CATEGORYBJJ, BJJ Coach, Black Belt, Boulder
Professor Foster Bailey was born in Louisiana and grew up in Fort Collins. He attended CU Boulder, where he studied history and competed in mogul races on the freestyle ski team. After graduation, he coached the team for five years. He found that coaching mogul skiing was a great prelude to coaching Jiu Jitsu because it’s similarly technical and dynamic. Foster now lives in Boulder with his wife Megan and two wild boys, Tyler and Jason, both of whom train BJJ at Easton. When he’s not on the mat, he likes to spend his time fly fishing, riding dirt bikes, and hanging out with his family.
Foster first got into Jiu Jitsu when his knees started to get a little tired of supporting an oversized bump skier. After several knee surgeries, he knew he needed to find a new physical outlet. He had wrestled in junior high, and had always had an interest in grappling. After a false start or two – he was still skiing all winter – he got settled into a pretty consistent routine. Before long, Jiu Jitsu was his main focus. Foster claims that he’s never been a great athlete or a very fast learner, but says that his stubbornness has been instrumental in his success.
He started teaching because he enjoys the challenge of taking something that can be confusing and intimidating to learn, and turning it into something simple and easily understood. Foster is a firm believer that in Jiu Jitsu, skiing, and most other things, though there are often many things going on at once, there is one thing that is more important than all the rest. When that one thing can be identified, separated and simplified, the puzzle begins to take shape. He tries to make sure that everyone in his classes leaves with a strong understanding of what they learned and why they learned it. His goal is for his students to realize that there isn’t anything in Jiu Jitsu that they can’t learn and put to use.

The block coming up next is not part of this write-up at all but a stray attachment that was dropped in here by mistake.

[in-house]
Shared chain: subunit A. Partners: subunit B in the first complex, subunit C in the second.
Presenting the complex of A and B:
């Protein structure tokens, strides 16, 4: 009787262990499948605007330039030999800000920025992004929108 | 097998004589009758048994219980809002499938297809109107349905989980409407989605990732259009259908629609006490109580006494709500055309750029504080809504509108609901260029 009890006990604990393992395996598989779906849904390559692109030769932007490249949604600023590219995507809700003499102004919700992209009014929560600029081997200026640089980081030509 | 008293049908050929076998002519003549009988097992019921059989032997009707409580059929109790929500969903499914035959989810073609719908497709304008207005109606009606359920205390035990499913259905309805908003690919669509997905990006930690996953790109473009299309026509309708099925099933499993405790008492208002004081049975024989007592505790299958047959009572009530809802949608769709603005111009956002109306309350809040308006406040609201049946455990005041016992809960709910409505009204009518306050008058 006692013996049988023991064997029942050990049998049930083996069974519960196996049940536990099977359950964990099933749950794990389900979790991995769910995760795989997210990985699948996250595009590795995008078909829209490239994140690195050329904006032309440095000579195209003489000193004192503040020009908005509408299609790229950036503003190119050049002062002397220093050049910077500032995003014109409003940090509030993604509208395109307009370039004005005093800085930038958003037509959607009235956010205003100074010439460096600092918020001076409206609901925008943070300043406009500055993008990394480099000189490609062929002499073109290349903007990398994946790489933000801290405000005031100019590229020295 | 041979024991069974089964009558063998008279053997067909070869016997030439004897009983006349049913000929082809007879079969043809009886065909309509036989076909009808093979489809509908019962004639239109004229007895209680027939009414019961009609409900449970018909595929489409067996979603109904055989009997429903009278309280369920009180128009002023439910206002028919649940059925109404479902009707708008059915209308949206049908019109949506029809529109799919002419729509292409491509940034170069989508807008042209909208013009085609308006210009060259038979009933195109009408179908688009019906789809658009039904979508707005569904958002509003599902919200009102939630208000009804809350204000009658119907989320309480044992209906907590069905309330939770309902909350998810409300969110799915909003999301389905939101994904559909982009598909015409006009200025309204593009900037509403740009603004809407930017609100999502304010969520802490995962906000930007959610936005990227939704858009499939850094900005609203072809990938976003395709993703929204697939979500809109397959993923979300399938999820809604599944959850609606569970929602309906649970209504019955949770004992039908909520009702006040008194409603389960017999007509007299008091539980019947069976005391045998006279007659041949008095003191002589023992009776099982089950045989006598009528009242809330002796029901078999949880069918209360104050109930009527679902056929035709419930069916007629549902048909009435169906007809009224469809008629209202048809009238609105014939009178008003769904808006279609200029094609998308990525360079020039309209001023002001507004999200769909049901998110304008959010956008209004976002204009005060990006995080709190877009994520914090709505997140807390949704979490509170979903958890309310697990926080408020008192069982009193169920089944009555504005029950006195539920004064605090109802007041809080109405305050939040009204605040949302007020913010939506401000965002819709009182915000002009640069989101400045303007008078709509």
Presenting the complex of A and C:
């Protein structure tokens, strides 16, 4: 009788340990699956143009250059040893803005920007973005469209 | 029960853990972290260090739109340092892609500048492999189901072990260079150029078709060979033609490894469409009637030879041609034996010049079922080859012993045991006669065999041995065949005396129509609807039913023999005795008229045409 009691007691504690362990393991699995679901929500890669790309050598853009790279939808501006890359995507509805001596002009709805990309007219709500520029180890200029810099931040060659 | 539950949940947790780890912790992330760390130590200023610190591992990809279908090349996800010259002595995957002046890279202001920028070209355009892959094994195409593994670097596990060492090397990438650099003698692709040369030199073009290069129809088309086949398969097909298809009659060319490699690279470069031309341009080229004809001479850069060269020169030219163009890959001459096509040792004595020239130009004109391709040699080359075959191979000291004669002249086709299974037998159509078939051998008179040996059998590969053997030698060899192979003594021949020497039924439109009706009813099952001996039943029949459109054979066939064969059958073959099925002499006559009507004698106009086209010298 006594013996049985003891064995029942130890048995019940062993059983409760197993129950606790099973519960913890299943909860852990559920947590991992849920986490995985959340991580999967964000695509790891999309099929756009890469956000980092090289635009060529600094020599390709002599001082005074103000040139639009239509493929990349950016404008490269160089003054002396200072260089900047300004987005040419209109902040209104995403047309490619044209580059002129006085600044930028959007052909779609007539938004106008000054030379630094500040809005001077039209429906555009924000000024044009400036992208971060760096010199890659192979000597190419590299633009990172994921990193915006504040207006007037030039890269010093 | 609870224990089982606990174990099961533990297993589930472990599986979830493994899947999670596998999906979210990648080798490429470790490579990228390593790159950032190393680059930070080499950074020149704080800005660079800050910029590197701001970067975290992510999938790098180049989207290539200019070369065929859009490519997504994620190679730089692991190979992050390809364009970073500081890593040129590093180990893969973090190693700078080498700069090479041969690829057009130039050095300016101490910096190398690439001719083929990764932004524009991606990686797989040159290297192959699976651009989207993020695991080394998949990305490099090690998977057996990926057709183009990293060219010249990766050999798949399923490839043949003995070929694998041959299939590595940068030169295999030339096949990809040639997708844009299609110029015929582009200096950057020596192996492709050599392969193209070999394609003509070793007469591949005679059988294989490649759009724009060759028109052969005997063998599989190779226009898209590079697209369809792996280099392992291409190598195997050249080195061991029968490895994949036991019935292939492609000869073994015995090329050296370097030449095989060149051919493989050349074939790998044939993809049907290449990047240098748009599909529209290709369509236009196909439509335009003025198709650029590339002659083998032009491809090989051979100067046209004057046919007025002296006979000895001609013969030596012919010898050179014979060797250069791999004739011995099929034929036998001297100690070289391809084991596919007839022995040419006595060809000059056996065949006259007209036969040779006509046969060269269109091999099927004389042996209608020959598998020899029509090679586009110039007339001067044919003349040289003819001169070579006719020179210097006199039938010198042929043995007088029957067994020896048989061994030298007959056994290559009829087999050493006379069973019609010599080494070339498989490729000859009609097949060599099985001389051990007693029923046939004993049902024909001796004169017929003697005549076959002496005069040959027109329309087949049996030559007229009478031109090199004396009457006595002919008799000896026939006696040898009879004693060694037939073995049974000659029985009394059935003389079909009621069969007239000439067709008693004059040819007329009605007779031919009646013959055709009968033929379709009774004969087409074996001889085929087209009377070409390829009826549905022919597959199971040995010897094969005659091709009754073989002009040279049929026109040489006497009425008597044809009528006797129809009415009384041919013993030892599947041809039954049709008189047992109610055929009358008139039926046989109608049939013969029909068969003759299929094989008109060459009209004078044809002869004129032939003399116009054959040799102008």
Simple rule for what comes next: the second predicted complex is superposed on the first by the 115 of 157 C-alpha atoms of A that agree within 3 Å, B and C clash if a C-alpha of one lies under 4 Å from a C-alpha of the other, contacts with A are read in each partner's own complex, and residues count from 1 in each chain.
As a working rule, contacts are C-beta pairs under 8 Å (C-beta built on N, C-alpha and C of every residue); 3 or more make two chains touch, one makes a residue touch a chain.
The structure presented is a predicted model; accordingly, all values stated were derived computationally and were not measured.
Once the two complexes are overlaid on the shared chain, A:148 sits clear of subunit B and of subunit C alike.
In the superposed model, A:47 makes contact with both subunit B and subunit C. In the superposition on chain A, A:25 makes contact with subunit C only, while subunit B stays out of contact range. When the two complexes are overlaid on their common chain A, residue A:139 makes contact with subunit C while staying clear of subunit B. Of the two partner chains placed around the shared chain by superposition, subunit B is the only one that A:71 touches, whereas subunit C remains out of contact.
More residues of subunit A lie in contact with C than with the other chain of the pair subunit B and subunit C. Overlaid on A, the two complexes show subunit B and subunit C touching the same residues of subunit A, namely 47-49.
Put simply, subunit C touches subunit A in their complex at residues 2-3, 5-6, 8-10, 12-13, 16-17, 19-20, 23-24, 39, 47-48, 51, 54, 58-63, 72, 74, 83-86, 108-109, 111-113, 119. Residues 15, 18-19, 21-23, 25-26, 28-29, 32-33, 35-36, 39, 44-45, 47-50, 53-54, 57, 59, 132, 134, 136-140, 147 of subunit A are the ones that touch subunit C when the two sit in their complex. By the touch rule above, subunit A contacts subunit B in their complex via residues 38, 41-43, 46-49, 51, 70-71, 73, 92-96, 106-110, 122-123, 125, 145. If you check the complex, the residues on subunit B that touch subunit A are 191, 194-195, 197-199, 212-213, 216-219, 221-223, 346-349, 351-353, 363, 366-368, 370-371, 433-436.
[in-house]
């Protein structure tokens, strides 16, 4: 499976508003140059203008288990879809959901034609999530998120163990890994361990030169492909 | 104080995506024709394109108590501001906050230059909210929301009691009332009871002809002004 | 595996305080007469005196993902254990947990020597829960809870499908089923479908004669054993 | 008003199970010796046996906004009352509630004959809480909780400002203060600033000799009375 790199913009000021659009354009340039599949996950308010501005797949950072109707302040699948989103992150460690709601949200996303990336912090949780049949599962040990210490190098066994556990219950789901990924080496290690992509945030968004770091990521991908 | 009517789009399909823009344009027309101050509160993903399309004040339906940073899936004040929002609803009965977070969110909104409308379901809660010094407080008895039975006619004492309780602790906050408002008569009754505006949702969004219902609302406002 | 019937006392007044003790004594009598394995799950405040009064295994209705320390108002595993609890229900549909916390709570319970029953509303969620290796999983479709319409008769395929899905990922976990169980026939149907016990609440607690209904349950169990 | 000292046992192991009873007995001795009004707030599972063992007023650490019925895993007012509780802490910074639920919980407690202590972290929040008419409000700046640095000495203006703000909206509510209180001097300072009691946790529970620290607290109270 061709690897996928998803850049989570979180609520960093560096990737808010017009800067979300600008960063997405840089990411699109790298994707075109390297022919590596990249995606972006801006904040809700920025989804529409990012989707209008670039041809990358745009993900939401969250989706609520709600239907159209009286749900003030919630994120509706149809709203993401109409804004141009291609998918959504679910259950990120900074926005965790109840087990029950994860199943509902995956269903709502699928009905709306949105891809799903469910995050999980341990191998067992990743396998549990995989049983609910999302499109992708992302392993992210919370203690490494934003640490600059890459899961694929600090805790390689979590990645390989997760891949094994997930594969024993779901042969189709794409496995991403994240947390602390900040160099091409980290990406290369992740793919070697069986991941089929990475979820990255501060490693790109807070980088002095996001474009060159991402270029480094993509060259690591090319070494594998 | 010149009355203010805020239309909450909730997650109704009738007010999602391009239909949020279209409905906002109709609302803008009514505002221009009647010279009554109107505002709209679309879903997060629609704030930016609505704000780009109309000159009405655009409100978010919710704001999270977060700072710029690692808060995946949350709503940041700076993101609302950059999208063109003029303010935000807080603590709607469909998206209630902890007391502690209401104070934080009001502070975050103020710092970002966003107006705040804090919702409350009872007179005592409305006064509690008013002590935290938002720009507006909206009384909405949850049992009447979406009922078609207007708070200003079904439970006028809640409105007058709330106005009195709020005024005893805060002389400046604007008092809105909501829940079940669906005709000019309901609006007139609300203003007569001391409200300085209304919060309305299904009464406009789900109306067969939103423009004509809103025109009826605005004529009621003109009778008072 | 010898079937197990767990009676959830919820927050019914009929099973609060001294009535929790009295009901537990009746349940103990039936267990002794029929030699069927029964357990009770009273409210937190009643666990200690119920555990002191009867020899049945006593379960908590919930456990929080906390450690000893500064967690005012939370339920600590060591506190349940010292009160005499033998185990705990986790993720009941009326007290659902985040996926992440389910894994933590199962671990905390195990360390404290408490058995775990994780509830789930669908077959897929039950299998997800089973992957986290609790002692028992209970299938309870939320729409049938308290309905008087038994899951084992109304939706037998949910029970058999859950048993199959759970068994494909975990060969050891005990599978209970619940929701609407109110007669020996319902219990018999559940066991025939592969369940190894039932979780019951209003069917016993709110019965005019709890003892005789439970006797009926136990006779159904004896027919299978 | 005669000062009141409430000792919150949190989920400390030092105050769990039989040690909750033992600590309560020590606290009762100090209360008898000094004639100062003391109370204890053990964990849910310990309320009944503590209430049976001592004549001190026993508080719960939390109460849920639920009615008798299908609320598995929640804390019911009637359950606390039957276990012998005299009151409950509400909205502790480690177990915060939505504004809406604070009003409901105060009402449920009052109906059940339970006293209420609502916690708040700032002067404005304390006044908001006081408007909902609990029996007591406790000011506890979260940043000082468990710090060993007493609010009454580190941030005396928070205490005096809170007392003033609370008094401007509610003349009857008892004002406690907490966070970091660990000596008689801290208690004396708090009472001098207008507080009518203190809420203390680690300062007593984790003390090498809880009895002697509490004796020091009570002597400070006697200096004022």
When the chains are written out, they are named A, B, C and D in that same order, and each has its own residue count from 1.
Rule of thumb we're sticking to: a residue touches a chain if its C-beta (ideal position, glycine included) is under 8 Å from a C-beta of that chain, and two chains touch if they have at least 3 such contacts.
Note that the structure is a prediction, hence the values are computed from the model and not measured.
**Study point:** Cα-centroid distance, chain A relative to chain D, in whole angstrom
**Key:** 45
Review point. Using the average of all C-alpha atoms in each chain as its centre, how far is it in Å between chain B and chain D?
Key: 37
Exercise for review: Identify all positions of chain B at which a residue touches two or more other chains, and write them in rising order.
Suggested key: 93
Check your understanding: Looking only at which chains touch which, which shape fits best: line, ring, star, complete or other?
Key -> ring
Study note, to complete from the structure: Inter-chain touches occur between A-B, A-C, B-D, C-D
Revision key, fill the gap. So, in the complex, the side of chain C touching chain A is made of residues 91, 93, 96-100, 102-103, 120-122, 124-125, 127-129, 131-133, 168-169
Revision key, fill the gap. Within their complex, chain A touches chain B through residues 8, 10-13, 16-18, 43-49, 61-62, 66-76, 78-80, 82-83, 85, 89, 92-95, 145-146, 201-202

His future goals as they relate to Jiu Jitsu are to teach, and to continue to learn and improve. Foster believes that teaching something is always the best way to learn it. He plans to compete at most of the big tournaments each year. Having a goal to work towards makes it easier to train with good discipline and focus, so having an event every few months motivates him to work hard. In competition, his goal is to have fun and find the holes in his game. If he can help some of his opponents find the holes in their games, that will be fun too. In over ten years on the mat, the most important thing Foster has learned is that everything is Jiu Jitsu and almost all problems can be solved, swept or submitted.